Shivers was Canadian director David Cronenberg’s first real feature. Partially financed with tax payer money, the film depicts a small scale apocalypse when a batch of sex obsessed brain slugs runs amuck in a modern apartment block and turn its inhabitants into horny pseudo-zombies.
Scenes of mass sexual assault, sexually charged adolescents, incest and more than a few brutal murders didn’t make Cronenberg many conservative friends. The Canadian Parliament debated the film’s artistic merit, and an article titled “You Should Know How Bad This Movie Is, You Paid For It,” reportedly got the thirty-two-year-old director kicked out of his apartment.
Not quite as refined or as spooky as The Brood, Shivers is a raw exploitation piece, one that takes shots at how our cultural quest for comfort and convenience has morphed us into dull, sexless bores. Here, the infected aren’t so much as tortured as they are liberated to follow whatever wild fantasies their brain can cook up.
Of course, the movie largely ignores that our id-driven fantasies may not always find a consenting partner, and, consequently, Shivers gets a bit rapey more than a few times.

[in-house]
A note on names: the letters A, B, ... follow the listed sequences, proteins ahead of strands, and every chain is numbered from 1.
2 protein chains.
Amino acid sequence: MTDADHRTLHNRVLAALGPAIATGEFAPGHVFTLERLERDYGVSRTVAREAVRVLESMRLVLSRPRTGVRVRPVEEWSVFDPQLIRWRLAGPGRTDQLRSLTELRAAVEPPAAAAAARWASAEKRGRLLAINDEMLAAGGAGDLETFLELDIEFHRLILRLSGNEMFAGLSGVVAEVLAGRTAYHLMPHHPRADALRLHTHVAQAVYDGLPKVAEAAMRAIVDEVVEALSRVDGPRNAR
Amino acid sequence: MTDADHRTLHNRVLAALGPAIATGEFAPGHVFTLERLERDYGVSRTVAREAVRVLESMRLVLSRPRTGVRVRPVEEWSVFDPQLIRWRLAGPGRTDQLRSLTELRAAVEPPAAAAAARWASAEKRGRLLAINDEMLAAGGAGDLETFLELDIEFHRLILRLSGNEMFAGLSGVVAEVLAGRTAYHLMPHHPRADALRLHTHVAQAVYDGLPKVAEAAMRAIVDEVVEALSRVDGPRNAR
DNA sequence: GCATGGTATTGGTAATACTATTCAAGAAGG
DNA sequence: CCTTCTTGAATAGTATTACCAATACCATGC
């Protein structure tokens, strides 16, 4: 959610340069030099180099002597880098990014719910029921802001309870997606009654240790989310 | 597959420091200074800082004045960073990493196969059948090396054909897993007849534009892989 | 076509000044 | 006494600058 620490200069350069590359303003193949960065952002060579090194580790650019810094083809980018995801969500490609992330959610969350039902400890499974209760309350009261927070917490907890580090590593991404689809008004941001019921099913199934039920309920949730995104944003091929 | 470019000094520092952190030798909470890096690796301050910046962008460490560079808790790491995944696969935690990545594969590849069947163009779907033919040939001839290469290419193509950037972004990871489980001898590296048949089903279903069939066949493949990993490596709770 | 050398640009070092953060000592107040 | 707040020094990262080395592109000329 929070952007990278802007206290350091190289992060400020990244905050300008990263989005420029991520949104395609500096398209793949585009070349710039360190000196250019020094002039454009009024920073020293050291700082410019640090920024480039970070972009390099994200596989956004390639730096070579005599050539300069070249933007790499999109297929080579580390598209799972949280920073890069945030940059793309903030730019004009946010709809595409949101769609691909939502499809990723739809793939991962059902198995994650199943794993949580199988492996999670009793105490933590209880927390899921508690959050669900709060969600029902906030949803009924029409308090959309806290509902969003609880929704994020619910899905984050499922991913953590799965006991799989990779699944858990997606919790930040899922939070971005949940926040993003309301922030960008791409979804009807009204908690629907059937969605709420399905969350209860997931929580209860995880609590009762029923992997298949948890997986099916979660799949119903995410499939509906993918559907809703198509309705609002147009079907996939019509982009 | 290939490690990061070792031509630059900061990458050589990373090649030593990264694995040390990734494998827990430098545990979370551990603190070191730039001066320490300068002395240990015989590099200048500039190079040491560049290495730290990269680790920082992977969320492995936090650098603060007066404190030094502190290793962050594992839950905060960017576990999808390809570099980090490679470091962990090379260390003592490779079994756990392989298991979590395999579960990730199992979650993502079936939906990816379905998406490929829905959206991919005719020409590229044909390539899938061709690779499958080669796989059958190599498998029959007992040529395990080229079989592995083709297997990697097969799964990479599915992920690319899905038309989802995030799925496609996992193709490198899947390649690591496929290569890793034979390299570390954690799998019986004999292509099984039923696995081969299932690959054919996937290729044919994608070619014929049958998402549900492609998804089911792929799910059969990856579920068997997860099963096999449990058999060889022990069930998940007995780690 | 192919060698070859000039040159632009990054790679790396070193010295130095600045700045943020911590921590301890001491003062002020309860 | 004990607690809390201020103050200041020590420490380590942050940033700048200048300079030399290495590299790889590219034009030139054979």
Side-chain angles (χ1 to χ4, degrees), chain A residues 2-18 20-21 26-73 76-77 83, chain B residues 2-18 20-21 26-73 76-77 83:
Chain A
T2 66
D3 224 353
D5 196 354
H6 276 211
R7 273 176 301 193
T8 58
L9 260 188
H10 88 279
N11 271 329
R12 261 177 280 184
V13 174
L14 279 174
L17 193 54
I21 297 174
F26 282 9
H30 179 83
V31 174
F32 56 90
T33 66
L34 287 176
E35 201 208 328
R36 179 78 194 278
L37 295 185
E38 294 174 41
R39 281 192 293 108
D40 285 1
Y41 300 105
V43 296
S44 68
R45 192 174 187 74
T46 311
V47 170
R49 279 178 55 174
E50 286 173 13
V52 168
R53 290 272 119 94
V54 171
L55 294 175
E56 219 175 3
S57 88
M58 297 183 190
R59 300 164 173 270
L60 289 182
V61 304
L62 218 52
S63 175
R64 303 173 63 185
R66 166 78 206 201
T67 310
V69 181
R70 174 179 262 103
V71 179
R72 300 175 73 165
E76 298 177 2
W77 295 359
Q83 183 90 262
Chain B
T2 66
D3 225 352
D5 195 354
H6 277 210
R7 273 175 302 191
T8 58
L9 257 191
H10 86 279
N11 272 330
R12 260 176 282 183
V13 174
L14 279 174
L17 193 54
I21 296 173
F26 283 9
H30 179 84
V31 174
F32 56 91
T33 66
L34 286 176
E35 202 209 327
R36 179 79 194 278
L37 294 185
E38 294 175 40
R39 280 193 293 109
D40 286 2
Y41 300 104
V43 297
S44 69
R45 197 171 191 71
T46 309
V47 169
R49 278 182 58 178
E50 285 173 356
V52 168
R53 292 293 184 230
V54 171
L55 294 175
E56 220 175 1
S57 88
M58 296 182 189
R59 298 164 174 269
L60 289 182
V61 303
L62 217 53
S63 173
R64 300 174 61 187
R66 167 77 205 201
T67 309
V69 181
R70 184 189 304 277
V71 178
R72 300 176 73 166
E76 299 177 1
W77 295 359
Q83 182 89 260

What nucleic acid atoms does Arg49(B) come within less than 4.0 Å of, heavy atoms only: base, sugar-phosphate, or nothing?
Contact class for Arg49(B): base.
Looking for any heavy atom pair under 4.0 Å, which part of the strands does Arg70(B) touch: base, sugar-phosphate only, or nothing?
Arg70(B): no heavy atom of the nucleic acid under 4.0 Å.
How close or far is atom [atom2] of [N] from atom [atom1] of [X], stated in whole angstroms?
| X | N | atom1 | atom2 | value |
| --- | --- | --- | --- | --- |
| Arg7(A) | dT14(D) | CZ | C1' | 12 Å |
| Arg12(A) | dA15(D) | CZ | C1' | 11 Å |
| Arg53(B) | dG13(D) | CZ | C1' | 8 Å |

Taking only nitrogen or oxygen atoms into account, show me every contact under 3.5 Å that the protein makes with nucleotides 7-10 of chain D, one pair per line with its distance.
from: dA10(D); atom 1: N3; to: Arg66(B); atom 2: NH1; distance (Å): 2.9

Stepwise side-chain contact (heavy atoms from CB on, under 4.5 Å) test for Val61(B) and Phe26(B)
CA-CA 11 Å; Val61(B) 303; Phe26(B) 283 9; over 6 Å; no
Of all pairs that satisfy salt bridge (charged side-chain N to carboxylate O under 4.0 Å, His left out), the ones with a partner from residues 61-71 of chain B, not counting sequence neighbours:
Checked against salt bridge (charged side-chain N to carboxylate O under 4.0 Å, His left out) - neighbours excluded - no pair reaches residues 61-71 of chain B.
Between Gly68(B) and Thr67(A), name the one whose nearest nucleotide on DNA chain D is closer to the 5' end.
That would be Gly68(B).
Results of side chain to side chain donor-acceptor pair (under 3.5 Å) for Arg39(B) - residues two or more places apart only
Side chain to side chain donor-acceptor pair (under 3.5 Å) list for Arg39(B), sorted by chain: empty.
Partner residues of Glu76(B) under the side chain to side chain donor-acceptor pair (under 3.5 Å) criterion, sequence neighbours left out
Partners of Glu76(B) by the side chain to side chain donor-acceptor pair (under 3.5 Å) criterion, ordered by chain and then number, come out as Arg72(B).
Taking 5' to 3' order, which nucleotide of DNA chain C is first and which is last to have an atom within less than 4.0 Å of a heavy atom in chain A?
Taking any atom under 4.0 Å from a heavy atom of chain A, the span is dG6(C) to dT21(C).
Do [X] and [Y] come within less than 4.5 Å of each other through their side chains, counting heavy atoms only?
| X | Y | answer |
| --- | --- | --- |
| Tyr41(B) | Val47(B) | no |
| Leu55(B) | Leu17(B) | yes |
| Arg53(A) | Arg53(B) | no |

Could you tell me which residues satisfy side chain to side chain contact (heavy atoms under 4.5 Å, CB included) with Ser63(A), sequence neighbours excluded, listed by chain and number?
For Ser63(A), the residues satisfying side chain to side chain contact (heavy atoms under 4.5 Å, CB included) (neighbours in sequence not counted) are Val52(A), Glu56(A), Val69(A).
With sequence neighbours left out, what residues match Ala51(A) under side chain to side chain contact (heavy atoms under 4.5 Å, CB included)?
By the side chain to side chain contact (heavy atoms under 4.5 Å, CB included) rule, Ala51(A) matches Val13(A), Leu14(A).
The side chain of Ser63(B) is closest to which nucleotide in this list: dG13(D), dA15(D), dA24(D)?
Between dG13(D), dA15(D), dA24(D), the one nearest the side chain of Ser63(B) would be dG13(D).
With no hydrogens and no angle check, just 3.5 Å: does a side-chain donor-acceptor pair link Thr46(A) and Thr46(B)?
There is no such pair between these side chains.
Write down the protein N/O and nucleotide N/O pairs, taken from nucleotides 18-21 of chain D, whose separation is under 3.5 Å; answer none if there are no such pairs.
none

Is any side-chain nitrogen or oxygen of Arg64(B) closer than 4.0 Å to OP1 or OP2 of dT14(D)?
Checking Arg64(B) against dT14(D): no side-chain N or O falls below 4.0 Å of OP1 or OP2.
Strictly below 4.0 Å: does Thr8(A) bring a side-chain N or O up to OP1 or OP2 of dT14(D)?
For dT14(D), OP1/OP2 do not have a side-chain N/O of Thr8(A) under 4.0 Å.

With no real over-arching plot to contend with, Shivers concentrates mostly on breaking taboos. Cronenberg relishes scenes involving children and the elderly, first putting them through the horror movie wringer and then showing their steamy actions after the slugs take hold of their brain. There’s a noteworthy scene in which a group of adults hold down a security guard and then cuts away just as a small girl plants a big kiss on him. It’s an uncomfortable scene that Cronenberg gets away by making it just un-chaste enough to make the audience uncomfortable before letting their imaginations do the rest of the dirty work.
Far from Cronenberg’s best movie, the film still boasts a great deal of the director’s trademark viscera. It’s a showcase that illustrates that, even early in his career, Cronenberg loves nothing more than to prod the sore spots of our psyche.